McGill Faculty of Law: Extra-Contractual Obligations/Torts: Prof. Lara Khoury, 2002-03/Summary by Derek McKee
In determining non-pecuniary damages, civil law looks at the type of injury, while common law looks at the consequences of the injury. But in practice, both common law and civil law use a mixed approach.
The civil law authority is (a.1607), which talks about “réparation du préjudice”:
The common law authority is the “1978 Trilogy” of Supreme Court cases:
Andrews v. Grand & Toy Alberta Ltd.
Thornton v. Board of School Trustees
Arnold v. Tino
Common law judgements make a distinction between:
This has been mandatory since 1978.
Pecuniary damage is equivalent to “material damage” in civil law. in the 1978 trilogy, the SCC divided this into three categories:
material loss (property damage only)
cost of care
lost income (This refers to the difference between the income the victim once had and what the victim can earn now. The court will not look at what the victim used to do with his or her money.)
These calculations are done by actuaries, not lawyers (for details, read Andrews v. Grand & Toy Alberta Ltd.)
Non-pecuniary damage includes:
pain and suffering
loss of amenities (job satisfaction, recreation, capacity to enjoy family life)
Both common law and civil law assess injuries in concreto, i.e. in terms of their effects on the victim’s life.
Since restitutio in integrum is impossible, should courts award non-pecuniary damages?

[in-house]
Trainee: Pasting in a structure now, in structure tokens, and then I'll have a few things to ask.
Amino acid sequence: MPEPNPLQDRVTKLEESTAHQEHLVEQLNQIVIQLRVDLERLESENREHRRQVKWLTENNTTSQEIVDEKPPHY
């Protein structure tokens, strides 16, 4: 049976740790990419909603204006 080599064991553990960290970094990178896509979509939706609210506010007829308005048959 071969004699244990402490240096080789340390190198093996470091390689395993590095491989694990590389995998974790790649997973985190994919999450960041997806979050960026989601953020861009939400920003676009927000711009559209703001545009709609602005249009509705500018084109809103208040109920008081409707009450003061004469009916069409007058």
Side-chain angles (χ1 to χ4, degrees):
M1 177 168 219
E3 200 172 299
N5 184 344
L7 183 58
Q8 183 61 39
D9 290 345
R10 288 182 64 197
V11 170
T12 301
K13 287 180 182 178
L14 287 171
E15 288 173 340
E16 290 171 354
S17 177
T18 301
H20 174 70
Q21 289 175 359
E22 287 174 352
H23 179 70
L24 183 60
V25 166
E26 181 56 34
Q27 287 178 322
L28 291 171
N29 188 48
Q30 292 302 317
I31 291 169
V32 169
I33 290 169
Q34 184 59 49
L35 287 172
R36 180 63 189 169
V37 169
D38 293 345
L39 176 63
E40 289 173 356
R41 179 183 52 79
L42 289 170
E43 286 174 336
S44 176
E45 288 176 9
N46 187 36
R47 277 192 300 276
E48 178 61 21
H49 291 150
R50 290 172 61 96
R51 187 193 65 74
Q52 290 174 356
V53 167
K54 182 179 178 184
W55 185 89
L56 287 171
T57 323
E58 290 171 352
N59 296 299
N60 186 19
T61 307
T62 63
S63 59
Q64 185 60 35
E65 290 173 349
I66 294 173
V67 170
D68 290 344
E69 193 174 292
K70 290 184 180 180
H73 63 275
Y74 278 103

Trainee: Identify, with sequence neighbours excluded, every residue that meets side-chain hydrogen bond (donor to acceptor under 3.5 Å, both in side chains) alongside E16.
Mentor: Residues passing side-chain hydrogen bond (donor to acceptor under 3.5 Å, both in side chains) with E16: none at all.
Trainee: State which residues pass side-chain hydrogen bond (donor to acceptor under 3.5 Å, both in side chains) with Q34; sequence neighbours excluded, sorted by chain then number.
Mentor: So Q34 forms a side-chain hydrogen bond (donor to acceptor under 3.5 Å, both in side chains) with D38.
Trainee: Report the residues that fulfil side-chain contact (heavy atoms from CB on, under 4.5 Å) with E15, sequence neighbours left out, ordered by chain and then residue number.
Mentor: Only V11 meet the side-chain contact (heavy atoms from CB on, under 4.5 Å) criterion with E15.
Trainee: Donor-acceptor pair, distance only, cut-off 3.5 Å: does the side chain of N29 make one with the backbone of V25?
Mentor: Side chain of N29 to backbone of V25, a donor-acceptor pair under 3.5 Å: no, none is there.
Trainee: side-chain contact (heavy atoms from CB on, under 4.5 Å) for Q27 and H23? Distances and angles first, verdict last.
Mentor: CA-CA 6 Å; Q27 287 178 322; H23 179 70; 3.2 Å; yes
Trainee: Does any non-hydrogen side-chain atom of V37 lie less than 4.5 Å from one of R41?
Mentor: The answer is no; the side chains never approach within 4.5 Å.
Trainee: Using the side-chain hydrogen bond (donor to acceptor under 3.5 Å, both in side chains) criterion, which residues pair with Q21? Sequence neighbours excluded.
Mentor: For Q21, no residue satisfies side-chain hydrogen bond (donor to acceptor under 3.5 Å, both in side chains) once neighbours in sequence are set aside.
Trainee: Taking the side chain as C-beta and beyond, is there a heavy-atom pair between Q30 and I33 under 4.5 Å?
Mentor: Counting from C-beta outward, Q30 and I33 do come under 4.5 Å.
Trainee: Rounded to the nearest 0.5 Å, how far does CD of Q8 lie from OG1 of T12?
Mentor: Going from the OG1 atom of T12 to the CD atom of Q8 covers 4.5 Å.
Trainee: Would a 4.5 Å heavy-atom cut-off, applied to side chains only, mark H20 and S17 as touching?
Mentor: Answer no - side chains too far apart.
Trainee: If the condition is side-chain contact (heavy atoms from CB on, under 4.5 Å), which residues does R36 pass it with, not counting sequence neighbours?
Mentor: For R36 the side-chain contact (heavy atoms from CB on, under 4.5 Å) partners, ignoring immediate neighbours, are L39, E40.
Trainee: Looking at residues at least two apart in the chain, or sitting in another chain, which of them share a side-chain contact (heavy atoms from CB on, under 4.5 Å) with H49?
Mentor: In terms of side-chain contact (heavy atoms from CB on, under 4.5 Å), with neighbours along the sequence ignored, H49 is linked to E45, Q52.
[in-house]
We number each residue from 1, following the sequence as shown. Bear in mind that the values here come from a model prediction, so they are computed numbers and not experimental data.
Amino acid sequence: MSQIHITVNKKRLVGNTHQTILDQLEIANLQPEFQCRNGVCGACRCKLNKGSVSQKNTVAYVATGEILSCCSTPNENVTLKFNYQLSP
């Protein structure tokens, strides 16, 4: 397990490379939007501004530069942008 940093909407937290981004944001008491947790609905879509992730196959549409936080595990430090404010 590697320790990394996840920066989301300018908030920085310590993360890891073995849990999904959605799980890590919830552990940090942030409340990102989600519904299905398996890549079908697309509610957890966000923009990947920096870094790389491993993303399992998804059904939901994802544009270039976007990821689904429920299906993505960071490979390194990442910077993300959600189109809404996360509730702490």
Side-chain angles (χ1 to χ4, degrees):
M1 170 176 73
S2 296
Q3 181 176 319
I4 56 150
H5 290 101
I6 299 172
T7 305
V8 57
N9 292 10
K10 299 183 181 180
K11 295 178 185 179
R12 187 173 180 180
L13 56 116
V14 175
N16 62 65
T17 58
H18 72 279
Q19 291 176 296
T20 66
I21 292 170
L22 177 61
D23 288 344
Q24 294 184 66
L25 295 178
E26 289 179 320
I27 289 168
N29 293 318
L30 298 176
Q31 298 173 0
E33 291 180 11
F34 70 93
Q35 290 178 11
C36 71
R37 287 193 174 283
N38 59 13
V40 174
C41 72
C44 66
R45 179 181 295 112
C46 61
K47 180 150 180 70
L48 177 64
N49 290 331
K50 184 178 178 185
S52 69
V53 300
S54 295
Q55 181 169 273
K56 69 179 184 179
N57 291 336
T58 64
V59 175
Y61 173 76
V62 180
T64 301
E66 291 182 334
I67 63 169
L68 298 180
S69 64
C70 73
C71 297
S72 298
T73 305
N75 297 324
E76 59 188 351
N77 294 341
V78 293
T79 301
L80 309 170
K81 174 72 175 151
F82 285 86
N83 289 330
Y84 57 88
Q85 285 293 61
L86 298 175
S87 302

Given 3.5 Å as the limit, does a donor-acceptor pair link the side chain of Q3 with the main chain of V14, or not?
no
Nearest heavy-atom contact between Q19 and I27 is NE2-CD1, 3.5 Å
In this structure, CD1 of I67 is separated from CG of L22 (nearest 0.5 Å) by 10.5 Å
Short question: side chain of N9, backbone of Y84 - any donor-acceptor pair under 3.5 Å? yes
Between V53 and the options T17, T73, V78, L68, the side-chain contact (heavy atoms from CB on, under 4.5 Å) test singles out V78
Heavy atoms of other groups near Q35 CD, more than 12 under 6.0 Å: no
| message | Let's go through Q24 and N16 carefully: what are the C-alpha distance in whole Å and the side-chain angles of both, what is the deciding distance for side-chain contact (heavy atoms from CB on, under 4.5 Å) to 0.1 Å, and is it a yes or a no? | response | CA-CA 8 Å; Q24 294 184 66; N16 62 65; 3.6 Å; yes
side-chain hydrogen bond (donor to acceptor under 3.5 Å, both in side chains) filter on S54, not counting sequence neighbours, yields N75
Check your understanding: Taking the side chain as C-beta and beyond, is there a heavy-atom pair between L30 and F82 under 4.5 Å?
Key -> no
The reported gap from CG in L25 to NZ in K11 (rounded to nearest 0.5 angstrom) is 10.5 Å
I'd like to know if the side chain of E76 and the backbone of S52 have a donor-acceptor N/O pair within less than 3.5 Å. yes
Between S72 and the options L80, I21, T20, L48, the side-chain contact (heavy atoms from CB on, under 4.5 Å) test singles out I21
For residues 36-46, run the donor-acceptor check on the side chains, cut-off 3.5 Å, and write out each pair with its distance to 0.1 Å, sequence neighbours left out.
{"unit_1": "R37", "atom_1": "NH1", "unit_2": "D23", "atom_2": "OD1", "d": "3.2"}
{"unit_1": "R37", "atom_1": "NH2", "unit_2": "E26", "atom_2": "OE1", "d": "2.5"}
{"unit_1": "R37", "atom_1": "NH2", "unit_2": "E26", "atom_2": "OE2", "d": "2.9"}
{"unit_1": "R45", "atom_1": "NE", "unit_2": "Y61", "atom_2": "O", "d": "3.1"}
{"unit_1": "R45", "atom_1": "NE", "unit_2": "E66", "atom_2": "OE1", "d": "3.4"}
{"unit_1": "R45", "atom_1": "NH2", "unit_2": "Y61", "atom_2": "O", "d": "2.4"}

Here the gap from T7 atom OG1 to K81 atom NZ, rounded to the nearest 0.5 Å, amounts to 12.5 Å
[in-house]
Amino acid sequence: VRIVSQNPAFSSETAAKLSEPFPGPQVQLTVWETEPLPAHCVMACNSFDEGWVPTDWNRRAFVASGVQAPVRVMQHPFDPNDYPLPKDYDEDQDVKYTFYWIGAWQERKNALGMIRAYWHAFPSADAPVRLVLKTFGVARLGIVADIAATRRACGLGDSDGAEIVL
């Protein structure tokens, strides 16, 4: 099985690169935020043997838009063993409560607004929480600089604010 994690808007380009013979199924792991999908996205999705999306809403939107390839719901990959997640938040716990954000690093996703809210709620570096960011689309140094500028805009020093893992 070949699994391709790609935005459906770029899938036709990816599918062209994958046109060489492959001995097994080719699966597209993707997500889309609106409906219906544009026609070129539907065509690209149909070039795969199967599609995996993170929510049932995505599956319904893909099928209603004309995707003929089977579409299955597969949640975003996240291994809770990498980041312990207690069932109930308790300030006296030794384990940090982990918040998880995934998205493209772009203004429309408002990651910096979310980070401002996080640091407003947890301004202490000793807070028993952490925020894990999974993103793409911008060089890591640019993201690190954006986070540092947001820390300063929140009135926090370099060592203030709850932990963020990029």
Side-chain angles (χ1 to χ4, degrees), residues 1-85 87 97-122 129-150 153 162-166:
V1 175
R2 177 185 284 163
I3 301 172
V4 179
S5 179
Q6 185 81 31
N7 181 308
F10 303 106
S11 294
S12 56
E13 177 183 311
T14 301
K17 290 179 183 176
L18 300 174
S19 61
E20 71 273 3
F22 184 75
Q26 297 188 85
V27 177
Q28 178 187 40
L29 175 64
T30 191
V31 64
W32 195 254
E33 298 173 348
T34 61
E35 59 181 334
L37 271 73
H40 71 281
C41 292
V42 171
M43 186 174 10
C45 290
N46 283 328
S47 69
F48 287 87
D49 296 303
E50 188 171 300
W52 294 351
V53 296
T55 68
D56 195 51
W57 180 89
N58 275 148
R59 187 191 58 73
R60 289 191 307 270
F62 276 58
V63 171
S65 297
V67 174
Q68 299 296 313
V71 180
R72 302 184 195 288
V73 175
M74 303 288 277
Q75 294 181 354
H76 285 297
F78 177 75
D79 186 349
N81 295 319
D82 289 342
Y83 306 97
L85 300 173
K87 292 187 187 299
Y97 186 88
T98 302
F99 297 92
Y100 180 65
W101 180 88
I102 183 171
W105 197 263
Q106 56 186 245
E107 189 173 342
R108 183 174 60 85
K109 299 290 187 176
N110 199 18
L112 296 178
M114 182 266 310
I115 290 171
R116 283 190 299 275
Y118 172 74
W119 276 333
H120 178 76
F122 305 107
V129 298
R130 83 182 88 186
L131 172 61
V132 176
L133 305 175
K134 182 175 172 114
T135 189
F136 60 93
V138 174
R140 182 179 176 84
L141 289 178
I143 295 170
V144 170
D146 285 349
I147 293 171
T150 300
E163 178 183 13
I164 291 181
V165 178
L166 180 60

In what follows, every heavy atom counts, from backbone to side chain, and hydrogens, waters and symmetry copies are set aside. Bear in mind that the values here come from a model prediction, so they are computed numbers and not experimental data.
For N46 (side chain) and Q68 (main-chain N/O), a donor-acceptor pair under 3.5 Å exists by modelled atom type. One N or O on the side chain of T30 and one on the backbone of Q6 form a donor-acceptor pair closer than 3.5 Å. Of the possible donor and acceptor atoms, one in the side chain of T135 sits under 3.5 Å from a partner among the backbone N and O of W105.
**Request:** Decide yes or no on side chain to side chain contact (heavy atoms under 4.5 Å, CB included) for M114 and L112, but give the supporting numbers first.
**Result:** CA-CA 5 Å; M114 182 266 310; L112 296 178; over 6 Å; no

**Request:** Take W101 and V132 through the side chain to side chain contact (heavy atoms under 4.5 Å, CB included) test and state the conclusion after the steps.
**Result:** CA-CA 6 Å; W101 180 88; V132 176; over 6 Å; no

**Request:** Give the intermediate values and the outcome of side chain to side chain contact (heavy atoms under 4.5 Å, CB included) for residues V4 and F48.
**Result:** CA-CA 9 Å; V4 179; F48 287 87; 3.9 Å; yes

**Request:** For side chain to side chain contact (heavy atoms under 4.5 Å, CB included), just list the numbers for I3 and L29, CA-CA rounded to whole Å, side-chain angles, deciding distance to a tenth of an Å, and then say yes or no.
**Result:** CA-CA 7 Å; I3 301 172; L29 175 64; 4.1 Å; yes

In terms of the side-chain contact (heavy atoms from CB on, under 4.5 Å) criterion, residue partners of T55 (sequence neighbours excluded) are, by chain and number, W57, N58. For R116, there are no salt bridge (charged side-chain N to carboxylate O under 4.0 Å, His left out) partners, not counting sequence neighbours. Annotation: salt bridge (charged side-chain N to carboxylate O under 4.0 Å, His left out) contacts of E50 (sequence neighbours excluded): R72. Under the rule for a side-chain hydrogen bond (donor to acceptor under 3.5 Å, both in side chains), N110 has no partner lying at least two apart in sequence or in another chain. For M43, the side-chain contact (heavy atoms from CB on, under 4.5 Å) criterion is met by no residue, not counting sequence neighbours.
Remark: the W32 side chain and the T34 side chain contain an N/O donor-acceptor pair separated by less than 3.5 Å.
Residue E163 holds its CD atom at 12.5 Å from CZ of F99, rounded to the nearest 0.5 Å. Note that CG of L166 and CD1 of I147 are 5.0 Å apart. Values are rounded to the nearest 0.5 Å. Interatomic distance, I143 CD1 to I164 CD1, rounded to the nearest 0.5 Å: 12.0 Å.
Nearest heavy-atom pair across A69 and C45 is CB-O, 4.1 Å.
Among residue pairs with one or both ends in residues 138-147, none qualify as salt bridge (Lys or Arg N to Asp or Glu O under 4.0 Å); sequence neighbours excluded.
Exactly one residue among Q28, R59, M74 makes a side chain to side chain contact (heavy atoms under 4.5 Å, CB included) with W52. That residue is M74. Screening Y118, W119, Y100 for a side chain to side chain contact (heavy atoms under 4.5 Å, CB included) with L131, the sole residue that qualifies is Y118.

If the immediate victim is still alive:
Common law favours a functional approach: The victim must be capable of being provided with solace. Damages cannot make up for what was lost, although they can help buy substitute pleasures.
Historically, common law has been reluctant to assign a dollar value to pain and suffering.
Civil law uses a conceptual approach: The injury must objectively exist.
Civil law has never had a problem with awarding money for bodily or moral injuries.
If the immediate victim is dead:
Both systems require the victim to have been conscious of her suffering before dying.
Both systems calculate the amount of compensation according to three approaches:
conceptual: This approach assigns “objective” value to different kinds of injury.
personal: This approach seeks to subjectively evaluate the victim’s pain and suffering.
functional: This approach accepts that what has been lost cannot be replaced, and awards damages insofar as they can be useful in making the victim’s life more bearable.
These are defined by L’Heureux-Dubé J. in St-Ferdinand.
The functional approach is problematic because:
It can be “cheaper” to kill someone or put them in a coma than to keep them alive.
It can be “cheaper” to injure a mentally disabled person than an able-minded person.
The SCC’s cap on non-pecuniary damages is due to:
recognition of the essential arbitrariness of non-pecuniary damages
fear of U.S. litigiousness.